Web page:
With more than five months to go before the legislature convenes, there is a rumble of trouble ahead for Gov. Parris N. Glendening.
Senate Republicans, led by Minority Leader John A. Cade, are on the warpath over one of the governor's two GOP appointments to the five-member State Administrative Board of Election Laws.
The governor replaced the entire board -- three Democrats and two Republicans -- on June 30, waiting until the last day of the members' four-year terms.
He twice sought -- and twice received -- the GOP's recommendations for the two seats, only to ignore the first two names submitted and appoint just one of the two Republicans in the second batch.
Mr. Cade, the gruff and sharp-tongued senator from Anne Arundel County, is peeved that the governor didn't accept the other as well. And he has written Mr. Glendening to let him know that he'll oppose the governor's substitute selection when the Senate considers the nominee.
Mr. Cade and the rest of the Senate GOP Caucus wanted Trent M. Kittleman, a Howard County community activist and labor lawyer who also is married to House Minority Leader Robert H. Kittleman.
Instead, Mr. Glendening appointed Andrew Radding, a Baltimore attorney who is a friend of the governor's chief political strategist, Maryland Secretary of State John T. Willis.
"While I have nothing against Mr. Radding personally, I believe that his appointment by you violates the agreement and understandings that we had over the past several months with reference to appointments" to the election board, Mr. Cade wrote in a July 20 letter to the governor.
"I will press for the rejection of Mr. Radding and for your reconsideration of a well-qualified Trent Kittleman," he wrote. Mr. Cade said he will ask both the Senate Republican Caucus (15 of the body's 47 senators) and the Executive Nominations Committee to reject Mr. Radding.
"I think it should be clear to the people of the state of Maryland, and especially its women, that your sole reason for rejecting Mrs. Kittleman . . . was that she is the wife of the House minority leader," Mr. Cade wrote.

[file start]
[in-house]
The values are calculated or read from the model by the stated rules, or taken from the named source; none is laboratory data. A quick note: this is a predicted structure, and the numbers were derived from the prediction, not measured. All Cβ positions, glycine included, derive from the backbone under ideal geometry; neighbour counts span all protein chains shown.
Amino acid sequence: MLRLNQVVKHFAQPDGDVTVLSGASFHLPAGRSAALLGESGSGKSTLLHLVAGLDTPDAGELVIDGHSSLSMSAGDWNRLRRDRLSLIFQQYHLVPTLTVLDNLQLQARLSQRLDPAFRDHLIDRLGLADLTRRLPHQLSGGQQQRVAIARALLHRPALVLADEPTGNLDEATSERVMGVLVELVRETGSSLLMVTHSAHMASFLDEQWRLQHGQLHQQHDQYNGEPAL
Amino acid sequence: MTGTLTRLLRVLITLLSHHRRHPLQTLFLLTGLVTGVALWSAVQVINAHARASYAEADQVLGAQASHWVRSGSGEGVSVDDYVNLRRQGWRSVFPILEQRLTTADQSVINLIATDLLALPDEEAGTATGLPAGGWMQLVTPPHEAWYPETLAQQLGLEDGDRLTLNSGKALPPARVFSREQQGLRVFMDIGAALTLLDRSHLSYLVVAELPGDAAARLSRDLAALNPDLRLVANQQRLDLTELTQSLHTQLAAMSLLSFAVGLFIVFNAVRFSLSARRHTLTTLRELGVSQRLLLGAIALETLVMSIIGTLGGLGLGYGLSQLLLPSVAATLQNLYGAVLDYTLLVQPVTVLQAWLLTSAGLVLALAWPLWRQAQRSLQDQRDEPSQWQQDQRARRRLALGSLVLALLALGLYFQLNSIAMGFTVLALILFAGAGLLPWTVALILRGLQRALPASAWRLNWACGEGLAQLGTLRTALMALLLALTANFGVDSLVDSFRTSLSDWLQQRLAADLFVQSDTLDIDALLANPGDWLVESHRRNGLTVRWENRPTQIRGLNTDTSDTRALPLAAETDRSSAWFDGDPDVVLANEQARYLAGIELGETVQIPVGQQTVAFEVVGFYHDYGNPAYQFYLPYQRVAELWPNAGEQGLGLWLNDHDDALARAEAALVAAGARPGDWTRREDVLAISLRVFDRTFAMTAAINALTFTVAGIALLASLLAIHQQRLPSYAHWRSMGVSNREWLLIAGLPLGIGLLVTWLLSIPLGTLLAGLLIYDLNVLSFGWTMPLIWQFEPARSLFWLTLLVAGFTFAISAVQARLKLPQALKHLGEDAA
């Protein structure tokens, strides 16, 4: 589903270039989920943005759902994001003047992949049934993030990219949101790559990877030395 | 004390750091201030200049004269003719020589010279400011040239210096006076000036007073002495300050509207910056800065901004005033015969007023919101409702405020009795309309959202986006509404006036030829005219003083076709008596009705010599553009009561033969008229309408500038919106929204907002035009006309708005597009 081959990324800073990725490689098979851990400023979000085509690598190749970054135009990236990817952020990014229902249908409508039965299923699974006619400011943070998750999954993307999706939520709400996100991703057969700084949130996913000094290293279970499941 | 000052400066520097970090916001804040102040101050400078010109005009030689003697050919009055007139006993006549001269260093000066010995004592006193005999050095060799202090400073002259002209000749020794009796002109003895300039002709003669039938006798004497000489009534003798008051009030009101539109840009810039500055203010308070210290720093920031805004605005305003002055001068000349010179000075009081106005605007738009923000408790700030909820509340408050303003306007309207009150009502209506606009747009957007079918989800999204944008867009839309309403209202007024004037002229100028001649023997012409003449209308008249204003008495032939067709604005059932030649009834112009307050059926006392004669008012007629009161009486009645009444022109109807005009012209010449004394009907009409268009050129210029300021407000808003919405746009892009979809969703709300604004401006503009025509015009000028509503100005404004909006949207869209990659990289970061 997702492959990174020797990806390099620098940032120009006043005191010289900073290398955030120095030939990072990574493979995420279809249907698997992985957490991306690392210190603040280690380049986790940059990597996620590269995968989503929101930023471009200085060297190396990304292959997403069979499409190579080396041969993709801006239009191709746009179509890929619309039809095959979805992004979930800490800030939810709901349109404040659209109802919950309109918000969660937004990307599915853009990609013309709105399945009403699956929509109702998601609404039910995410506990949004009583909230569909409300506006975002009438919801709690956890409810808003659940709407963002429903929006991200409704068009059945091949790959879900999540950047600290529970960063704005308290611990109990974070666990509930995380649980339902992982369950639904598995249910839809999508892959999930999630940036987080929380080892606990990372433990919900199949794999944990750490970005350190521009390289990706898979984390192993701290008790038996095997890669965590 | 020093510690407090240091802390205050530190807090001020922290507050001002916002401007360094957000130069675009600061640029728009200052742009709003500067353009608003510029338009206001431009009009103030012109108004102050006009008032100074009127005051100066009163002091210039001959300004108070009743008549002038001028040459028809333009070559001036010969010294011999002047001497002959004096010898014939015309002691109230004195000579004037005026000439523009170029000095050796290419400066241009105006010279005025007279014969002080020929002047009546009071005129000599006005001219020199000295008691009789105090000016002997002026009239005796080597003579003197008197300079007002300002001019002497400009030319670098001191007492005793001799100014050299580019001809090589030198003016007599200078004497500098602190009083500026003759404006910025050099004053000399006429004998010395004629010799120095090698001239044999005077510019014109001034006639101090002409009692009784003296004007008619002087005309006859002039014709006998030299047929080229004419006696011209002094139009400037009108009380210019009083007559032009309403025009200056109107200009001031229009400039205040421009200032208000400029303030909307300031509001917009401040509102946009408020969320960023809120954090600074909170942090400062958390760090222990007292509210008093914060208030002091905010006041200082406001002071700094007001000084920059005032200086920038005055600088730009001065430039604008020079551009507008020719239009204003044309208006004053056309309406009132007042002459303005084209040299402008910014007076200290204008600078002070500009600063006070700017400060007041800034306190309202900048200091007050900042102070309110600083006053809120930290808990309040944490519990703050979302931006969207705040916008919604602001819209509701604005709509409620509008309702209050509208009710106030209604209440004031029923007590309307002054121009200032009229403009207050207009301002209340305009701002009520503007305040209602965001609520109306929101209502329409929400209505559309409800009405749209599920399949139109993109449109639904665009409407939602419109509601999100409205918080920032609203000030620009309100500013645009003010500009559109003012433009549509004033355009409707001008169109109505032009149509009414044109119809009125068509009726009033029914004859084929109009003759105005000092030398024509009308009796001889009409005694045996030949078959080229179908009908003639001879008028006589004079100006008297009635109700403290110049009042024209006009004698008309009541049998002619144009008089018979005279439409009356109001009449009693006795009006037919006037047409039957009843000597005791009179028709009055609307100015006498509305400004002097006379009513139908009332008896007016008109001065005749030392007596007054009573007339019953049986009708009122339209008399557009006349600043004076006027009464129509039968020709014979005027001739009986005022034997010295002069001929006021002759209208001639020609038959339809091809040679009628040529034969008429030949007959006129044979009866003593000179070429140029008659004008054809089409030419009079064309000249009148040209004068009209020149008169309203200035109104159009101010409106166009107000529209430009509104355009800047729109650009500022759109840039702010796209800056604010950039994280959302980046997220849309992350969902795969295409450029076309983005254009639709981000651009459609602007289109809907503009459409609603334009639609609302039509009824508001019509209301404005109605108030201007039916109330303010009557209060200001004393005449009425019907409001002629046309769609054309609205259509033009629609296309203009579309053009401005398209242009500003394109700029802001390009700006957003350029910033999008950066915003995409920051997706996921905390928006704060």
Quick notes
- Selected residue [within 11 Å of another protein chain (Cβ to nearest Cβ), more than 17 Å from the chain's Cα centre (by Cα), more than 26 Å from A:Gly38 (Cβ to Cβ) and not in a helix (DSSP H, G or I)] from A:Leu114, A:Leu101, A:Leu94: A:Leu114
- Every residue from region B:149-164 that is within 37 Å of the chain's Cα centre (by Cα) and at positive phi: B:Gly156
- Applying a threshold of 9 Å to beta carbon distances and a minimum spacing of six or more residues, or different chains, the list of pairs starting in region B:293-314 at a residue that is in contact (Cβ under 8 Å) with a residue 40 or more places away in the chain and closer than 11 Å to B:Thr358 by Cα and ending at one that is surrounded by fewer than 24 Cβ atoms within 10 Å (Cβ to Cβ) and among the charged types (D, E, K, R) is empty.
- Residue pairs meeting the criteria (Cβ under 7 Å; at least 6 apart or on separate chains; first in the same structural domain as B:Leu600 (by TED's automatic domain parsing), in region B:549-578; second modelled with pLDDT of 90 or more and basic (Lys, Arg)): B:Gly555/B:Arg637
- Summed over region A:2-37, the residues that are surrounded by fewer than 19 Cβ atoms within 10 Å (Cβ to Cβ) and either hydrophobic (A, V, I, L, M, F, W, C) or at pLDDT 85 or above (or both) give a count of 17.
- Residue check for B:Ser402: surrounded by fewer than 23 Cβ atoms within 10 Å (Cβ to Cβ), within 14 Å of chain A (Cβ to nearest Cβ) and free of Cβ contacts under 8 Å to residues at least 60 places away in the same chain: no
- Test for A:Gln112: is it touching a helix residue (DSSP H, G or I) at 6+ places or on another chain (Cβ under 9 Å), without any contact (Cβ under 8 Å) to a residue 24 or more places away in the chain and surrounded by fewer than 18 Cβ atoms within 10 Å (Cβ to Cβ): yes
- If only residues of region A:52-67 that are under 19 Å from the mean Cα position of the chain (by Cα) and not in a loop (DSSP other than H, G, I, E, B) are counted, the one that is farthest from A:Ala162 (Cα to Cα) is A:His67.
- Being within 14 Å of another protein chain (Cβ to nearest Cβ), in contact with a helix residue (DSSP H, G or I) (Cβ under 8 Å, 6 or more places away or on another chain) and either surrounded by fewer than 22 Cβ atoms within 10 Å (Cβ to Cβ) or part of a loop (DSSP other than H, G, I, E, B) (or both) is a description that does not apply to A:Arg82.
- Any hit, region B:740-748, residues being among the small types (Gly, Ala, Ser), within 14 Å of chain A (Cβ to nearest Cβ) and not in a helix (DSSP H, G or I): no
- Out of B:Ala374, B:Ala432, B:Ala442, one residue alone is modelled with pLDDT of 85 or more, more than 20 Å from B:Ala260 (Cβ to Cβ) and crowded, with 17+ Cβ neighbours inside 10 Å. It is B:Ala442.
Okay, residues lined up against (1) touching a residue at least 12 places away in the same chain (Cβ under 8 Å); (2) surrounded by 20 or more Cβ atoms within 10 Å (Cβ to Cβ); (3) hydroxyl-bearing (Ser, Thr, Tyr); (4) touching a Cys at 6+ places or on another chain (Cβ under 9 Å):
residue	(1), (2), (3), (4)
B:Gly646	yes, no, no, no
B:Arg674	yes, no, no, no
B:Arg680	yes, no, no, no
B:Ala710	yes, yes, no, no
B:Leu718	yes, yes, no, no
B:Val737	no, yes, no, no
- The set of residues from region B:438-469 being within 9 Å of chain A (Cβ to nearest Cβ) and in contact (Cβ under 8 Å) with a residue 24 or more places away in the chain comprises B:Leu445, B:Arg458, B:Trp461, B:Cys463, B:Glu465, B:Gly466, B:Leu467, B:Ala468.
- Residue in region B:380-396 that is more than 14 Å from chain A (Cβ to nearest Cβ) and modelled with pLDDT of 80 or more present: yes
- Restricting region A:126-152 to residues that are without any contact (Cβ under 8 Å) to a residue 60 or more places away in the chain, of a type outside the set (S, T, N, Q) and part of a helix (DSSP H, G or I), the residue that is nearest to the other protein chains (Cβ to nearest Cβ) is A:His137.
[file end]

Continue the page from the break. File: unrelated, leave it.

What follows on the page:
"I respectfully suggest that your action is a slap in the face to every working professional woman in the state of Maryland who should be considered for volunteer service in the government solely on the basis of her professional qualifications and standards and experience, and not based on the person to whom she is married."
Mr. Glendening defended his action, telling Sun reporter Marina Sarris, "We made a decision to go after individuals who had very strong credentials." When told of Mrs. Kittleman's professional background, Mr. Glendening said, "I had no indication of any credential . . . other than she was the minority leader's spouse."
Asked if her husband's position in the House had anything to do with his decision not to appoint her, the governor said, "To the extent that I don't think [a member of the board] should be someone in active partisan politics right now. We went out of the way to get people who are not in, or perceived to be in, active partisan politics."
But what about another of his nominees, David K. Poole Jr., a lawyer who is also father of Del. D. Bruce Poole, the Washington County Democrat and former House majority leader?
"Yes, but he is also known," Mr. Glendening said. "He's a two- or three-term state's attorney who is extraordinarily respected in his own right."
The respected and vociferous Senator Cade could make things difficult on the Senate floor -- particularly if the matter becomes a rallying point for women. Page Walters Boinest, former press secretary to Gov. William Donald Schaefer, is wading back into the political fray.
Ms. Boinest, 34, is going to work for Virginia's lieutenant governor, Donald S. Beyer Jr., a Democrat who is expected to run for governor in 1997.
Since leaving the Schaefer administration in July 1994, Ms. Boinest has been director of public affairs for the National Governors' Association in Washington. She will leave NGA later this month.
Last week in this space, it was incorrectly reported that the legislature's Democratic presiding officers named six legislators to the Task Force to Review the State's Election Law.
In fact, Senate President Thomas V. Mike Miller Jr. and House Speaker Casper R. Taylor Jr. each named two members to the panel. The remaining two members were appointed by the Republican leadership, Sen. John A. Cade and Del. Robert H. Kittleman.